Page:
Mohsen Mosleh, Cameron Martel, Dean Eckles, David G. Rand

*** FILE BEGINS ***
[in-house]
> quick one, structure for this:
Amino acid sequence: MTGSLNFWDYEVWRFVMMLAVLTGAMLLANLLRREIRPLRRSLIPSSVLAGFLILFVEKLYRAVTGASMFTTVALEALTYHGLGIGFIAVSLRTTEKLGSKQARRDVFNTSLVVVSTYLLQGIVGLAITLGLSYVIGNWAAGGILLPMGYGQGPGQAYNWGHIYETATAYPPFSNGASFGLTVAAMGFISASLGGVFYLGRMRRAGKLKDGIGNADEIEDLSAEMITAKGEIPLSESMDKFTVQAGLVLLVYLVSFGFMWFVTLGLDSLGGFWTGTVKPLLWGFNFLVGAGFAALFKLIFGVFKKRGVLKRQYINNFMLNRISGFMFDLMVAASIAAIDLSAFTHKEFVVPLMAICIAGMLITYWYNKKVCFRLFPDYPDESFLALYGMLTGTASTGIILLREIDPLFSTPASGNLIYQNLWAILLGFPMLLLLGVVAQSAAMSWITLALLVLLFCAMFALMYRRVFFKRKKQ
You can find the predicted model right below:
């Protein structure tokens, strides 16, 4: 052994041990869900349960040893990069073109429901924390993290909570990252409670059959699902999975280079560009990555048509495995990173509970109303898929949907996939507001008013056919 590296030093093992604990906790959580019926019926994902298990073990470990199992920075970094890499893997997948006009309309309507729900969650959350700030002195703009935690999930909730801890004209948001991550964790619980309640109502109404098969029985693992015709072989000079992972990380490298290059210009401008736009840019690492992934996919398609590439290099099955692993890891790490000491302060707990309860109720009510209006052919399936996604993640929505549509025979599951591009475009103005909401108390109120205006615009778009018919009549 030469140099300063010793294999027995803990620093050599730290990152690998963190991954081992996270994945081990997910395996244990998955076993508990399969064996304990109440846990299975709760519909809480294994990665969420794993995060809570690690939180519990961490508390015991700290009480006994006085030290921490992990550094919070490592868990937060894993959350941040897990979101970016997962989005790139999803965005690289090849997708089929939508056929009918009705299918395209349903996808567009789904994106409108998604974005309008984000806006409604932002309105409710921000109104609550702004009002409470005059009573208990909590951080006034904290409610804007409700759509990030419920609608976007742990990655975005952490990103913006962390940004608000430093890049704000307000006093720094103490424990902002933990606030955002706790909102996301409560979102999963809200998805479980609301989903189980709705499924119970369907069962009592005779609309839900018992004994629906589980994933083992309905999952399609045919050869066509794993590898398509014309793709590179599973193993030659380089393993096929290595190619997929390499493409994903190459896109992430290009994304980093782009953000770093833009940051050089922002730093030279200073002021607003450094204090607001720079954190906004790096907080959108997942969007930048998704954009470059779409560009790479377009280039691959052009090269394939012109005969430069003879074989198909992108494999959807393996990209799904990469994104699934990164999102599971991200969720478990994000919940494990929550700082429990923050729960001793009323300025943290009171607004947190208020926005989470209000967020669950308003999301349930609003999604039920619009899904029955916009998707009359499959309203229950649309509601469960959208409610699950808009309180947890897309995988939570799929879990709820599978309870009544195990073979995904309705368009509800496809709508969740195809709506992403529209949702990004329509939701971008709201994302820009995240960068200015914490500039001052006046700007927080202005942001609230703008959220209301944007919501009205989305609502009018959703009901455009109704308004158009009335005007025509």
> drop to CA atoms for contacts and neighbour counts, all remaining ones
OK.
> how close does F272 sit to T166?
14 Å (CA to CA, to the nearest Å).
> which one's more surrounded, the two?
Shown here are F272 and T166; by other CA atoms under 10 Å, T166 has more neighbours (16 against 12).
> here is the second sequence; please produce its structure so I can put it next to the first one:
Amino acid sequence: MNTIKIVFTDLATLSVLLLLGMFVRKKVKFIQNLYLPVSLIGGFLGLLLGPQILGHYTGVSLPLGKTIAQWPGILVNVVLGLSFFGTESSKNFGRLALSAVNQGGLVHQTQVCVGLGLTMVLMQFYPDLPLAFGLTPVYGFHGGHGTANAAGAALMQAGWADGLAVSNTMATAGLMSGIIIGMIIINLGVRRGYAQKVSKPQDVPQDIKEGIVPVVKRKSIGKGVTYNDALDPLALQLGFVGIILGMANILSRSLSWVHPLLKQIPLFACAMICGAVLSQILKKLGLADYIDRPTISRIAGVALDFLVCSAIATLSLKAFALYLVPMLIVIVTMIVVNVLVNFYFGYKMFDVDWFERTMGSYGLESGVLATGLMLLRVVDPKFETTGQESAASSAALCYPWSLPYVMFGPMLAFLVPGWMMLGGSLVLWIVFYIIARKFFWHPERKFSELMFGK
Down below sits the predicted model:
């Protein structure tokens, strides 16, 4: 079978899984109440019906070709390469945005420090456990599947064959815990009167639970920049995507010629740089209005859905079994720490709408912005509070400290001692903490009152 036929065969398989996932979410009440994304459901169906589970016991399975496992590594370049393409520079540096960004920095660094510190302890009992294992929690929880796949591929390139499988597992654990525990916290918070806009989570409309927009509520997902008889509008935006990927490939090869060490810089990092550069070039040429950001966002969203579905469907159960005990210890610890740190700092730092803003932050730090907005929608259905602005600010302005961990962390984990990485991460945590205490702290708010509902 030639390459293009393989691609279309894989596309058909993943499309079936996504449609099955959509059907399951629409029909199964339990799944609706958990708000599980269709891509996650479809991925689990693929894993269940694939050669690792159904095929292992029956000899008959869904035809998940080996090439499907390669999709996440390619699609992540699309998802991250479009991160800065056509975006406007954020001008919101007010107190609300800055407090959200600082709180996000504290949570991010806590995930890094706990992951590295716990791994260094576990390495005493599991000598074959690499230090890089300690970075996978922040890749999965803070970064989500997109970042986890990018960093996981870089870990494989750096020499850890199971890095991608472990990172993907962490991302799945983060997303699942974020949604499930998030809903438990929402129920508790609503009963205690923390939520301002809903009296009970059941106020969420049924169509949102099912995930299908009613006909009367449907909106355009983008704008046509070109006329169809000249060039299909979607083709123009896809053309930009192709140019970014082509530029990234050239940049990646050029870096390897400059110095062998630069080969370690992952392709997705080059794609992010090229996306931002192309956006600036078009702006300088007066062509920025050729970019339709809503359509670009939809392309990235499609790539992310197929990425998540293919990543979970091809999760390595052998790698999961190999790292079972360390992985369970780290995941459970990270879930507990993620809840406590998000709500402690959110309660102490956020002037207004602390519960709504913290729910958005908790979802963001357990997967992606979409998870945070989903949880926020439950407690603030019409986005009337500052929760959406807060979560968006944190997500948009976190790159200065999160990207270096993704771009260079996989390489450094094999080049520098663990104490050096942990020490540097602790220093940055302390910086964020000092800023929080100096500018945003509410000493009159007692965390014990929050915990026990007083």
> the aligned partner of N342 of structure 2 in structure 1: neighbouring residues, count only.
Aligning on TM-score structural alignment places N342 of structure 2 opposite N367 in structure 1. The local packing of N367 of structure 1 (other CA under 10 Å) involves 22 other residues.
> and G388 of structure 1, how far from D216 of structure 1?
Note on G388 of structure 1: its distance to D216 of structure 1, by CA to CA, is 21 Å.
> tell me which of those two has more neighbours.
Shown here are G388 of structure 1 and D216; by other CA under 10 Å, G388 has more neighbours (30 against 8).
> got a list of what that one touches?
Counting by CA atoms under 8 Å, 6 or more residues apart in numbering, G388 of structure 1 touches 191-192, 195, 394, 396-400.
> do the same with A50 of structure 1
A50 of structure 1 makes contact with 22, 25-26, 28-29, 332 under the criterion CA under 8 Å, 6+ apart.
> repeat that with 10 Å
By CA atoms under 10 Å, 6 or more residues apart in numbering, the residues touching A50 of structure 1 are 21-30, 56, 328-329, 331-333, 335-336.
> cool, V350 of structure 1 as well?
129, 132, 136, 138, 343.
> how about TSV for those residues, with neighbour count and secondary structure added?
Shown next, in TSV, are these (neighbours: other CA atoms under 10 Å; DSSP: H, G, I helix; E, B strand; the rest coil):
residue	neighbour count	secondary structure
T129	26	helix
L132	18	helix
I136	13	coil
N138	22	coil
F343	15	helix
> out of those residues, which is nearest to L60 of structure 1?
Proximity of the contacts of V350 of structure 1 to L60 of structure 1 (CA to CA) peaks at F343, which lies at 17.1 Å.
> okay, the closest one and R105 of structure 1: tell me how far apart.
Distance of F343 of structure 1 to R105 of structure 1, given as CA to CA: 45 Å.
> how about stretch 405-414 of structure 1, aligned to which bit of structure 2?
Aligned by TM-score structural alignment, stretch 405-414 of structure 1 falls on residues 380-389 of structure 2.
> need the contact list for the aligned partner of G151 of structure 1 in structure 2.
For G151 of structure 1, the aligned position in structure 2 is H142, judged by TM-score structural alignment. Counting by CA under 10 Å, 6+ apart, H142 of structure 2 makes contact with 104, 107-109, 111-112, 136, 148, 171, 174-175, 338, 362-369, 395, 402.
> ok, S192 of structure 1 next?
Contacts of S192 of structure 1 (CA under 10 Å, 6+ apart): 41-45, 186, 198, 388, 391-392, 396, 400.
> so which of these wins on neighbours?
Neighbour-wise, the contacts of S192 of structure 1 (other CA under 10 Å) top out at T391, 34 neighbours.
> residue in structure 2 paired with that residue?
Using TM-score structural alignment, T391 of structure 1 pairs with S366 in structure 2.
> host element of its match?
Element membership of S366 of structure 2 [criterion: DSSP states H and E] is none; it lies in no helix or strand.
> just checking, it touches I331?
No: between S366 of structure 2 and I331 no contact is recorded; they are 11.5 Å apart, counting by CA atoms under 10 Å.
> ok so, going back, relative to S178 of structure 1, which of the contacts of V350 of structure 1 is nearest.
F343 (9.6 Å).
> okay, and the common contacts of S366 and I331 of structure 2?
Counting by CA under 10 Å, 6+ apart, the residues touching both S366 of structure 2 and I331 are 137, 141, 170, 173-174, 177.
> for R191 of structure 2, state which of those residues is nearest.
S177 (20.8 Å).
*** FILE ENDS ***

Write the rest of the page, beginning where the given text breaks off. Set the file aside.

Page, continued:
Americans are much more likely to be socially connected to co-partisans, both in daily life and on social media. But this observation does not necessarily mean that shared partisanship per se drives social tie formation, because partisanship is confounded with many other factors. Here, we test the causal effect of shared partisanship on the formation of social ties in a field experiment on Twitter. We created bot accounts that self-identified as people who favored the Democratic or Republican party, and that varied in the strength of that identification. We then randomly assigned 842 Twitter users to be followed by one of our accounts. Users were roughly three times more likely to reciprocally follow-back bots whose partisanship matched their own, and this was true regardless of the bot’s strength of identification. Interestingly, there was no partisan asymmetry in this preferential follow-back behavior: Democrats and Republicans alike were much more likely to reciprocate follows from co-partisans. These results demonstrate a strong causal effect of shared partisanship on the formation of social ties in an ecologically valid field setting, and have important implications for political psychology, social media, and the politically polarized state of the American public.